The EU’s Role in Libya’s Migrant Trafficking
To perceive refugees as a dissociated part of the wider narrative is a violation in itself, but who will hold the bloc politically accountable for delegating distasteful tasks to the Libyan coastguard?
In mid-July, Italy’s Chamber of Deputies approved renewing funding to the Libyan coastguard, despite non-governmental organisations urging the authorities to stop financing the failed state’s human trafficking network. Only a day earlier, Amnesty International released a report detailing the trafficking and violations occurring across Libya’s detention centres. European countries have downplayed the documented atrocities against migrants in Libya, preferring to focus on keeping the statistics down.
This week, a boat capsized just off Libya’s coast, with 57 African migrants now presumed dead, among them 20 women and two children. The International Organisation for Migration in Libya (IOM) recently established that almost 6,000 migrants were intercepted and returned to Libya this year so far. Migrants known to have perished in the Mediterranean this year number 970.
International interference in Libya since 2011 and the fall of Libyan leader Muammar Gaddafi has resulted in a country in which militias compete for territory and power. Vested UN and international interests in the country have exacerbated the humanitarian ramifications.
While the deals which the EU reached with the Libyan coastguard have been deemed controversial by human rights organisations, public sentiment in Europe veers towards pushback. Migration is played as a powerful card across the political spectrum, with both governments and the public fomenting racism and xenophobia. The result is widespread oblivion about the politics which created refugees and failed states.
With governments focused on statistics, reports such as the recent one by Amnesty International exist to inform only those who are already well-informed. Hence the absence of connecting capsized boats to deliberate damage inflicted by the Libyan coastguard to the vessels, resulting in deaths away from Europe’s shores. Neither is the complicity between Libya and European states made evident in terms of the EU financing abuses and torture in Libya’s detention camps. The rift between politics and non-governmental organisations, in the case of migrants, has been reduced to accusations of trafficking, whereas political culpability, which plays a major role in terms of funding the occurring atrocities, is kept out of focus.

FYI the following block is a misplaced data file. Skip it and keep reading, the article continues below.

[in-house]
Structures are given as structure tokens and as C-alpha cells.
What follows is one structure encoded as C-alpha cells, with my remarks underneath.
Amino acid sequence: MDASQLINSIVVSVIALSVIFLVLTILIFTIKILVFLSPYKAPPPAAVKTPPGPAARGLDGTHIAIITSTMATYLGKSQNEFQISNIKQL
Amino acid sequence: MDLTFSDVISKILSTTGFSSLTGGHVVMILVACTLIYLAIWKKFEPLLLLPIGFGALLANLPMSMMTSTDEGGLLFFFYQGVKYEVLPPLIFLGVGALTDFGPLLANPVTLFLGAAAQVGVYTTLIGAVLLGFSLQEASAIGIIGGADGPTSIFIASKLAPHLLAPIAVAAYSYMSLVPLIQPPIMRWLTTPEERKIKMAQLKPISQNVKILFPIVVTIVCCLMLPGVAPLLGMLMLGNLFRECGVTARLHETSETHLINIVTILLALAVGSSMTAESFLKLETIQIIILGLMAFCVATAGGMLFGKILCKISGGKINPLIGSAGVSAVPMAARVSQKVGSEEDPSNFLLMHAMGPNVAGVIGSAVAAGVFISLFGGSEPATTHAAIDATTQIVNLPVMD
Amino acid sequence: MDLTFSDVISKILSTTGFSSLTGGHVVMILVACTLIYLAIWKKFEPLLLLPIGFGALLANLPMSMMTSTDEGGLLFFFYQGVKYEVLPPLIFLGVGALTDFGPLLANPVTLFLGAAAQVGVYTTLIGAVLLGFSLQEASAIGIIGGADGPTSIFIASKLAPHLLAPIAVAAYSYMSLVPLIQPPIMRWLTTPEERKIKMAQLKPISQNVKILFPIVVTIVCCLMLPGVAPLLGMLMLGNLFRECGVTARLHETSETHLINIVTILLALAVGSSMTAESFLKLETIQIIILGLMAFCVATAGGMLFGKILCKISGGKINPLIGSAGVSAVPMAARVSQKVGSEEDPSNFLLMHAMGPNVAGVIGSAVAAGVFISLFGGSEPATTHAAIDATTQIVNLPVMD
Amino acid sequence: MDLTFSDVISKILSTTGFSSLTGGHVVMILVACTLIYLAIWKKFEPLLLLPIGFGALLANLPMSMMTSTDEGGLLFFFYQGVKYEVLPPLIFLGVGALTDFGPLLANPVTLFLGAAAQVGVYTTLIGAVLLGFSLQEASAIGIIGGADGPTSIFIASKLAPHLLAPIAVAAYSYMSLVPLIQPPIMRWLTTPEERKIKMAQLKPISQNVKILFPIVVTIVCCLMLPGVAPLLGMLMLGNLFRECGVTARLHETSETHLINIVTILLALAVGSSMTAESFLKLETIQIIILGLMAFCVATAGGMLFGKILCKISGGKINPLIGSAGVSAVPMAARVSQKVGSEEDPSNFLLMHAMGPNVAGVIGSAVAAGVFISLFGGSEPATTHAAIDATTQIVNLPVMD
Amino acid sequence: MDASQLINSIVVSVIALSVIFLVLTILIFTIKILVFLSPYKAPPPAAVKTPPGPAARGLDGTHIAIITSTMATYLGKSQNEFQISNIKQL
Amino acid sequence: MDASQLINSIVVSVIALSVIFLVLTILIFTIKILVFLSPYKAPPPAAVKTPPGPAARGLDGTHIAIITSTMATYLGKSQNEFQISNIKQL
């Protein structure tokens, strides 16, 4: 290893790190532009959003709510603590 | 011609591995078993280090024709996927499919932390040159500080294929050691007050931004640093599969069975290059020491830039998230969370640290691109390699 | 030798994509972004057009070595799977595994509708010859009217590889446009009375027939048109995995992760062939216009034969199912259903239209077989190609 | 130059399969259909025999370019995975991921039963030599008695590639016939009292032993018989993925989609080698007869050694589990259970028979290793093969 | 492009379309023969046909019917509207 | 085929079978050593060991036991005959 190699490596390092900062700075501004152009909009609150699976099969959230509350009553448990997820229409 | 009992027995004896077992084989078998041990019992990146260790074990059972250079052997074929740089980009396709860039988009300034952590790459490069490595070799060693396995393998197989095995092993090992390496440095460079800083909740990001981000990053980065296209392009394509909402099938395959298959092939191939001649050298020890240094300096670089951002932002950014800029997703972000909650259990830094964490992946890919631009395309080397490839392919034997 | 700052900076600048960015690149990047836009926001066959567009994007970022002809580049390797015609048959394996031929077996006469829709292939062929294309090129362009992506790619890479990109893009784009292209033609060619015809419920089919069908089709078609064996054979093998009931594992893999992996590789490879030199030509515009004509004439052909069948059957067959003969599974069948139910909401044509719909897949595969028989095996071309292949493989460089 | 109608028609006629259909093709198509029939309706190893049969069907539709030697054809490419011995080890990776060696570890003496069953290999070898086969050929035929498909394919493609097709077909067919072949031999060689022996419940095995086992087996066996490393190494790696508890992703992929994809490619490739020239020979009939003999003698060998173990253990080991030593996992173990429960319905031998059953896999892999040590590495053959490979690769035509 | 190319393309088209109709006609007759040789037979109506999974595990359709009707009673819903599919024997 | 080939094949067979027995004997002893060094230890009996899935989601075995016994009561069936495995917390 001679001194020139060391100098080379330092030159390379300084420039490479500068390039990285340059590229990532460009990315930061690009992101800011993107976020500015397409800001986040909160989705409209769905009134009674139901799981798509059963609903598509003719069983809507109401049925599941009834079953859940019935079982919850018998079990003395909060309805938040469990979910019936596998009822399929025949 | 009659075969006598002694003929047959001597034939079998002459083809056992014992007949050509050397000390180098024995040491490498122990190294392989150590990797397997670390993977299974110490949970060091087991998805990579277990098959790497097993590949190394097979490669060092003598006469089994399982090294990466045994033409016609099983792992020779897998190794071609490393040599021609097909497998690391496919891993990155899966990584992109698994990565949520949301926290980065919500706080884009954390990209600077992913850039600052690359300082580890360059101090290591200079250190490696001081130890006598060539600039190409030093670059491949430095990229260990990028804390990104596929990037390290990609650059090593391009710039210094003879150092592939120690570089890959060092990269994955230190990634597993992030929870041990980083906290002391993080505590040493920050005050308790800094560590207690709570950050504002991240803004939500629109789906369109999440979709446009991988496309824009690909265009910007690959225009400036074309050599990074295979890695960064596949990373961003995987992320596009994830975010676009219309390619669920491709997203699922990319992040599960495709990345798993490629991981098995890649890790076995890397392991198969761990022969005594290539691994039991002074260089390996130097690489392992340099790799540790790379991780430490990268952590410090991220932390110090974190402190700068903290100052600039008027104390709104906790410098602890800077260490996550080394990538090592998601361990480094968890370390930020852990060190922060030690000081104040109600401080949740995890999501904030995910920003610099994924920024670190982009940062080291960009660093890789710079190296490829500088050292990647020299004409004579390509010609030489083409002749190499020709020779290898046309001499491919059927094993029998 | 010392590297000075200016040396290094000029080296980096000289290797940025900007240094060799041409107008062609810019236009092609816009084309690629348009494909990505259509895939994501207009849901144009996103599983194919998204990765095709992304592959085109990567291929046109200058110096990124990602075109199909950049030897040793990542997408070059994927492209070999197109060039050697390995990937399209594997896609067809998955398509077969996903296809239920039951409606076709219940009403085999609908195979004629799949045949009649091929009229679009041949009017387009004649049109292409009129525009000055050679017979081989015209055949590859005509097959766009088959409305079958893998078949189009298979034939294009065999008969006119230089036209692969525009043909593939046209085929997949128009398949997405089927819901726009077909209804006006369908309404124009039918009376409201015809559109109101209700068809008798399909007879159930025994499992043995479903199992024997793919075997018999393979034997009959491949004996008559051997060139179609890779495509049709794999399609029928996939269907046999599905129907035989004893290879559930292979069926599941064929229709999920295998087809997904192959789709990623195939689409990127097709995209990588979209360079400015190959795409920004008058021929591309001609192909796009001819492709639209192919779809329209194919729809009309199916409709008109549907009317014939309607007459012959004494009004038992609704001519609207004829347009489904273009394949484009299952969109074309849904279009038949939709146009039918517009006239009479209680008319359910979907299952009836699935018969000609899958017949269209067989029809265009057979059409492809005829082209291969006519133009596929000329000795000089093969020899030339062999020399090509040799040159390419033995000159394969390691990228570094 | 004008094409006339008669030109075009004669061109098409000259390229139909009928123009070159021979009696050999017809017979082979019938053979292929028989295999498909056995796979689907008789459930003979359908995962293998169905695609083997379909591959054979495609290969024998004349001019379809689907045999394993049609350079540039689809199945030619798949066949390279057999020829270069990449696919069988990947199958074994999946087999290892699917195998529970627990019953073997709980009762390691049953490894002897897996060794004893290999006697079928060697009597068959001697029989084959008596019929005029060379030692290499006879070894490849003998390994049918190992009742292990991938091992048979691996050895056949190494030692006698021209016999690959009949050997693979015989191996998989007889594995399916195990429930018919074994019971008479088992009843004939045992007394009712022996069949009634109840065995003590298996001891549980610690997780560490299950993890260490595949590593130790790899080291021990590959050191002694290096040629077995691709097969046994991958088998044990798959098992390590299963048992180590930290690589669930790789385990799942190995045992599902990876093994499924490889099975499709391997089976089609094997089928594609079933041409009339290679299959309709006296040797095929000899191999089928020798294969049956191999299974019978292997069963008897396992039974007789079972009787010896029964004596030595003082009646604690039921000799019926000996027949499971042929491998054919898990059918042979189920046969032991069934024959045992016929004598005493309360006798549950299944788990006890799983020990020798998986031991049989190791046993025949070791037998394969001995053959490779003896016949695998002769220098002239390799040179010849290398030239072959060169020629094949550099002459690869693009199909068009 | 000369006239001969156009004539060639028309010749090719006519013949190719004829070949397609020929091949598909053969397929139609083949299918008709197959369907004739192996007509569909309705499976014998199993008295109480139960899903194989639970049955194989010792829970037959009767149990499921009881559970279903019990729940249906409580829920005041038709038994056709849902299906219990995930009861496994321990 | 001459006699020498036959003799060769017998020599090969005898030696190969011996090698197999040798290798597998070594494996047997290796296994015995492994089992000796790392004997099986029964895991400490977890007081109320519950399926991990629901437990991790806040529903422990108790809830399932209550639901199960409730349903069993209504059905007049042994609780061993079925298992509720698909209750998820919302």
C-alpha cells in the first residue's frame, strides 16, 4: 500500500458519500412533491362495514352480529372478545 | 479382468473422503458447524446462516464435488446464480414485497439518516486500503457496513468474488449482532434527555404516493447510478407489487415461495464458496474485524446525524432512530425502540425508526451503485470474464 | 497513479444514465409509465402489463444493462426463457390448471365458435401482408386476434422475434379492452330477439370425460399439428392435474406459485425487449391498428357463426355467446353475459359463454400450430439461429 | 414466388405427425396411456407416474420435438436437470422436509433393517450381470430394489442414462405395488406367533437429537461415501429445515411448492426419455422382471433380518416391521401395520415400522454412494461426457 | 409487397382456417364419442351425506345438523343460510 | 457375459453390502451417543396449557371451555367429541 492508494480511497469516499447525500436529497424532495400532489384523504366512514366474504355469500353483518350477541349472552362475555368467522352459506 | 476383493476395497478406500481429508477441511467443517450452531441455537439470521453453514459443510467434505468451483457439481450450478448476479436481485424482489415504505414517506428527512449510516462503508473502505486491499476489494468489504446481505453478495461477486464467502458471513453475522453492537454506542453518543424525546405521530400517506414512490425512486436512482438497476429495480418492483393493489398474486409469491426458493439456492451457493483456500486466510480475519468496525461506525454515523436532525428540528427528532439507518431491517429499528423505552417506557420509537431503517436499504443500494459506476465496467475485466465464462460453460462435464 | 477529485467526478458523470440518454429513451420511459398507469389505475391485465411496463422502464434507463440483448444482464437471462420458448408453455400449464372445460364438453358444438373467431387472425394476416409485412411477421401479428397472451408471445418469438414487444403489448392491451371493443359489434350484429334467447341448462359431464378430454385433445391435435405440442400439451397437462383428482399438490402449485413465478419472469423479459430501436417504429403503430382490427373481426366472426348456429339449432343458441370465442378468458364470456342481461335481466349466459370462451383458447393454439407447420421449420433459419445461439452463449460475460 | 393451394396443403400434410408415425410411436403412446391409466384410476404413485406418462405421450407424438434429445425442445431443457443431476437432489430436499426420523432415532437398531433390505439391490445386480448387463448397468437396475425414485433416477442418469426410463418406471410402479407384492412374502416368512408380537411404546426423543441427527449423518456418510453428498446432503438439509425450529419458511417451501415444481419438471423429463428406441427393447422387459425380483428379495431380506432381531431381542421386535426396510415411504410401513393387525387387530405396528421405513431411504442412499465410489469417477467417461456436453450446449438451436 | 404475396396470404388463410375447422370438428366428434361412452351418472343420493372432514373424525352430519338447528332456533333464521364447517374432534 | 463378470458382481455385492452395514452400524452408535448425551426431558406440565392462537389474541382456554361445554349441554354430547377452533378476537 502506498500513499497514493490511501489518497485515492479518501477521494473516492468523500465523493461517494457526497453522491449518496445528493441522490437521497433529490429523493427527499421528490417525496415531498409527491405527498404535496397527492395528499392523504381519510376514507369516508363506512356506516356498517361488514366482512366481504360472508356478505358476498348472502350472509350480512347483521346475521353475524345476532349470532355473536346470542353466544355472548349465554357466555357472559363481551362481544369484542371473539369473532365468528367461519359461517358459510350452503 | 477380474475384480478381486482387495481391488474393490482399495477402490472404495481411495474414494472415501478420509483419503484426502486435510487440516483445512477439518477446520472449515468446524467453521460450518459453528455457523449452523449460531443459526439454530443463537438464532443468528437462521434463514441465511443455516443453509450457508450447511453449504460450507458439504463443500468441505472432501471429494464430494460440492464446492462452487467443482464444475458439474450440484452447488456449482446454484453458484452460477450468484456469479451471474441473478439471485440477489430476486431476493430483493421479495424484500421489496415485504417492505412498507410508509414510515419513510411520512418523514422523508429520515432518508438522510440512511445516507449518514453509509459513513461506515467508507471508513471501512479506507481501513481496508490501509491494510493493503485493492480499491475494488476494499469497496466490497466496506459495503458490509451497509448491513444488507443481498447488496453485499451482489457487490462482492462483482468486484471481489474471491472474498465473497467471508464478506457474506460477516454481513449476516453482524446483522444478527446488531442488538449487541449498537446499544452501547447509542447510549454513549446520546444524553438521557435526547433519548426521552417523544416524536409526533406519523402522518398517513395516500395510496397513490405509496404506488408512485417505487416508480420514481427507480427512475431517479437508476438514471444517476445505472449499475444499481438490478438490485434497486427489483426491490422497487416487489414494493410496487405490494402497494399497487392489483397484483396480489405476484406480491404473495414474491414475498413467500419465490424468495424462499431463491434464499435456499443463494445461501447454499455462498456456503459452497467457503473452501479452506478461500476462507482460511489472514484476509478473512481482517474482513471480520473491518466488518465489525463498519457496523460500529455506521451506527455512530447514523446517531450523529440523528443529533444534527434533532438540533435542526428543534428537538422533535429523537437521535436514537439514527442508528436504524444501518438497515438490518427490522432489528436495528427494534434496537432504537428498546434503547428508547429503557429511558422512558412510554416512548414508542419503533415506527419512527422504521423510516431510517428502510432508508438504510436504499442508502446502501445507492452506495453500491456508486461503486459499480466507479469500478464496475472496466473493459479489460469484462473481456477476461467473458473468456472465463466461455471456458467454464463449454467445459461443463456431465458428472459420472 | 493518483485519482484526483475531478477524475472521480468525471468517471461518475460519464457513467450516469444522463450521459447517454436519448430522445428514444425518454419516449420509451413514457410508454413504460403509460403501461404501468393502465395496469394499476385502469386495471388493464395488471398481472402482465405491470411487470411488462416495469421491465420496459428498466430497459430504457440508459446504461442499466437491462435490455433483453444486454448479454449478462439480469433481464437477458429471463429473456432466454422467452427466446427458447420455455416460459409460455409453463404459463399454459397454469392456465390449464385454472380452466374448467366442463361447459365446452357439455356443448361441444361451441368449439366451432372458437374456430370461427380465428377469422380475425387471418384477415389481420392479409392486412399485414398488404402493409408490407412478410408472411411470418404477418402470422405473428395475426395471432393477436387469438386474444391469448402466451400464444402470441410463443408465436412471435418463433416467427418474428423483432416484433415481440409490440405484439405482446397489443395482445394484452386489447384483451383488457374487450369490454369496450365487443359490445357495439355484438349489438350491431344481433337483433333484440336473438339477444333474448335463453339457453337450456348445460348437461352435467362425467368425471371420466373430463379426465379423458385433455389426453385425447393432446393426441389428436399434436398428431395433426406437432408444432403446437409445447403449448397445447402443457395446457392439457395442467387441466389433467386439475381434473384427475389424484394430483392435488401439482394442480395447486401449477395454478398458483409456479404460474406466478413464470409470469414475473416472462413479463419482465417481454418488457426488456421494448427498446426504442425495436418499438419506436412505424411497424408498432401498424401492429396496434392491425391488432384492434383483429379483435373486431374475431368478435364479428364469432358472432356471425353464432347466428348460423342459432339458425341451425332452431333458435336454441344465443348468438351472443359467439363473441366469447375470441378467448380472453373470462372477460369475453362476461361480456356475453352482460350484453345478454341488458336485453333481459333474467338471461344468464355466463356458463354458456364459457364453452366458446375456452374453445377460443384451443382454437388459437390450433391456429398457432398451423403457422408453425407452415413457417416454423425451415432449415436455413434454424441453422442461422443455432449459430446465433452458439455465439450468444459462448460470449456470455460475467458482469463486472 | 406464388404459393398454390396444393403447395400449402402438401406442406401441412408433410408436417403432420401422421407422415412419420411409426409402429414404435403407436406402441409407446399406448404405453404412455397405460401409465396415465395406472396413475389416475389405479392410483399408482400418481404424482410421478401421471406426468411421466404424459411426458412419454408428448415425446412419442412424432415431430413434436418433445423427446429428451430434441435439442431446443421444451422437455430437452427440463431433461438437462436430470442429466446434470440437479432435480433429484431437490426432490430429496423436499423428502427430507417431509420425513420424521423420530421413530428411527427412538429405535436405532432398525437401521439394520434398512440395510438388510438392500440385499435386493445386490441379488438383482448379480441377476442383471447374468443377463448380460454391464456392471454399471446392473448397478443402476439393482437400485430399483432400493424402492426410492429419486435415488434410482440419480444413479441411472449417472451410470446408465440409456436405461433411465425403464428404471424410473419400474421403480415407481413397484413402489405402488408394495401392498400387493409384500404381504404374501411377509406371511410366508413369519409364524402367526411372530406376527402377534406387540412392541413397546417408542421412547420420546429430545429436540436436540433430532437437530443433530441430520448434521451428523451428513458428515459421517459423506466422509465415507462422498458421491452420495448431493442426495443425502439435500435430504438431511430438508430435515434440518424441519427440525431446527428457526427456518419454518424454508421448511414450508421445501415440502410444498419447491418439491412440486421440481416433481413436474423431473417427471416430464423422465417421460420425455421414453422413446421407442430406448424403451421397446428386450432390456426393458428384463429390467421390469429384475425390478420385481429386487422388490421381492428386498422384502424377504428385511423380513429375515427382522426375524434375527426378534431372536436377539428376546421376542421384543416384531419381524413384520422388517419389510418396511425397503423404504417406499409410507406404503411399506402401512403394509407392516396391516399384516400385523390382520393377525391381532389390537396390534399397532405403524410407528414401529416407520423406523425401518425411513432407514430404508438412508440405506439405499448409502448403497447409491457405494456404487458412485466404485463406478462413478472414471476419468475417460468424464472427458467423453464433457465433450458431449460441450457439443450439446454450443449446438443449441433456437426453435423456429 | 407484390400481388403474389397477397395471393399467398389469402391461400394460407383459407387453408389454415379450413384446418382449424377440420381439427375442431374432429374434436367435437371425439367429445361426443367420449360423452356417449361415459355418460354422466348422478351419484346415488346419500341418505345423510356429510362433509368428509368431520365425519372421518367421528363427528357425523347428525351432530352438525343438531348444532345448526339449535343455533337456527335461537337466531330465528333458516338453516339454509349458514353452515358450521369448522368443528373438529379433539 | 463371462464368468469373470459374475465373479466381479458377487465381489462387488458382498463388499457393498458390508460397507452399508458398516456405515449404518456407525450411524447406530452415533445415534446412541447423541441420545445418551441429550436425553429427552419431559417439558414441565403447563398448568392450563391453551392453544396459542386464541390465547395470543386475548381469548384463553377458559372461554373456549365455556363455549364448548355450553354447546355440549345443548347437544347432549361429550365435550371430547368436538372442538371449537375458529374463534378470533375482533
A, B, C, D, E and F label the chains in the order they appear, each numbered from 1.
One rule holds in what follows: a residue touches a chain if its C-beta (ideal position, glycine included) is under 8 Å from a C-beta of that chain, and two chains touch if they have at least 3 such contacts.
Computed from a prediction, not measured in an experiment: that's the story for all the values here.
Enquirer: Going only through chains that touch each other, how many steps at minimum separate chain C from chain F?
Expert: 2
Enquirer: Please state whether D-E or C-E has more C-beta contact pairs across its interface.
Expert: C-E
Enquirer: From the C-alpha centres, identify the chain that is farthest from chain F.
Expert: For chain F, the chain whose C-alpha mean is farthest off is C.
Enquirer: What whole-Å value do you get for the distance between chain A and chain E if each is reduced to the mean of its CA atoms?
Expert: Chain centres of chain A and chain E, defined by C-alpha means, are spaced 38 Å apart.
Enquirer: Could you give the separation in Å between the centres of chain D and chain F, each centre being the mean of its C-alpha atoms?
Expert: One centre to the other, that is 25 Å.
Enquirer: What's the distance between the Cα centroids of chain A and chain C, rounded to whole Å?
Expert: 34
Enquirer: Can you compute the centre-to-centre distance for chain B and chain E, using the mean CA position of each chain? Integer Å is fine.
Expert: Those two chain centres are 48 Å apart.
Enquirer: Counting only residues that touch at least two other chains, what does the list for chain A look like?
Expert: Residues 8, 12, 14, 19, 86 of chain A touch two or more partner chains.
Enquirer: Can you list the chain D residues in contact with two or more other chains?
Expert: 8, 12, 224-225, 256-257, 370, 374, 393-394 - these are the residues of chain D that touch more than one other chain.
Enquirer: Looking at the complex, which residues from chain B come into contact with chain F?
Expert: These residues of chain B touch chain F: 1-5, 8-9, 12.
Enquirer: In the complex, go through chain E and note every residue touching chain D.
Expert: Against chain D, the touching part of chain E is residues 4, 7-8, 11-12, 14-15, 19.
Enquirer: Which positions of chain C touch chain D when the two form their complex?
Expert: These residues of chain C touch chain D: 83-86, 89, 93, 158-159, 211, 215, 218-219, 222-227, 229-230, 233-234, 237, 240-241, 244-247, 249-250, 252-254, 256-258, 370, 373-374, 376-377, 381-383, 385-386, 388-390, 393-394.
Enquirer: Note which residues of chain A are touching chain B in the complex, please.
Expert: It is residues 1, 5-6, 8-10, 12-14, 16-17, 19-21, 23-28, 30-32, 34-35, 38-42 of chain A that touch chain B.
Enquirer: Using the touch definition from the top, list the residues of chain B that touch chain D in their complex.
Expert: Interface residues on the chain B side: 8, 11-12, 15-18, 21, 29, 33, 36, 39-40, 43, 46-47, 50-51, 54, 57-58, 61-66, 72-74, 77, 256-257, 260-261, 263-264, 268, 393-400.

In one instance in July this year, the Libyan coastguard was filmed firing at migrants in Malta’s Search and Rescue (SAR) area. The Libyan coastguard also attempted to ram the boat carrying migrants several times.
Researchers have established a link between European arms sales and increased displacement of people. The link between Italy’s funding of the Libyan coastguard and the interception of migrants was also included in the report.
Testimony published in Amnesty International’s report is chilling. “Death in Libya: it’s normal. No one will look for you and no one will find you,” states one quote by a 21 year old male refugee. The oblivion extends beyond Libya. With European governments intent on keeping migrants away from Europe’s shores, the bloc, which is purportedly concerned with human rights, finds it easier to neglect its obligations. No one in Libya would look for a refugee, and no one in Europe would, either, especially since the EU is paying Libya to do its dirty work.
Amnesty International called upon the EU to ensure accountability. However, accountability from within the same paradigm of exploitation will merely create new victims. The EU cheered in 2011 when the NATO coalition intervened in Libya for regime change under the guise of bringing democracy. One bloody consequence of the decision has been the increase in human trafficking of migrants, which the EU sought to quell through militarisation and surveillance, but never through addressing its wrongs. To perceive refugees as a dissociated part of the wider narrative is a violation in itself, but who will hold the bloc politically accountable for delegating distasteful tasks to the Libyan coastguard?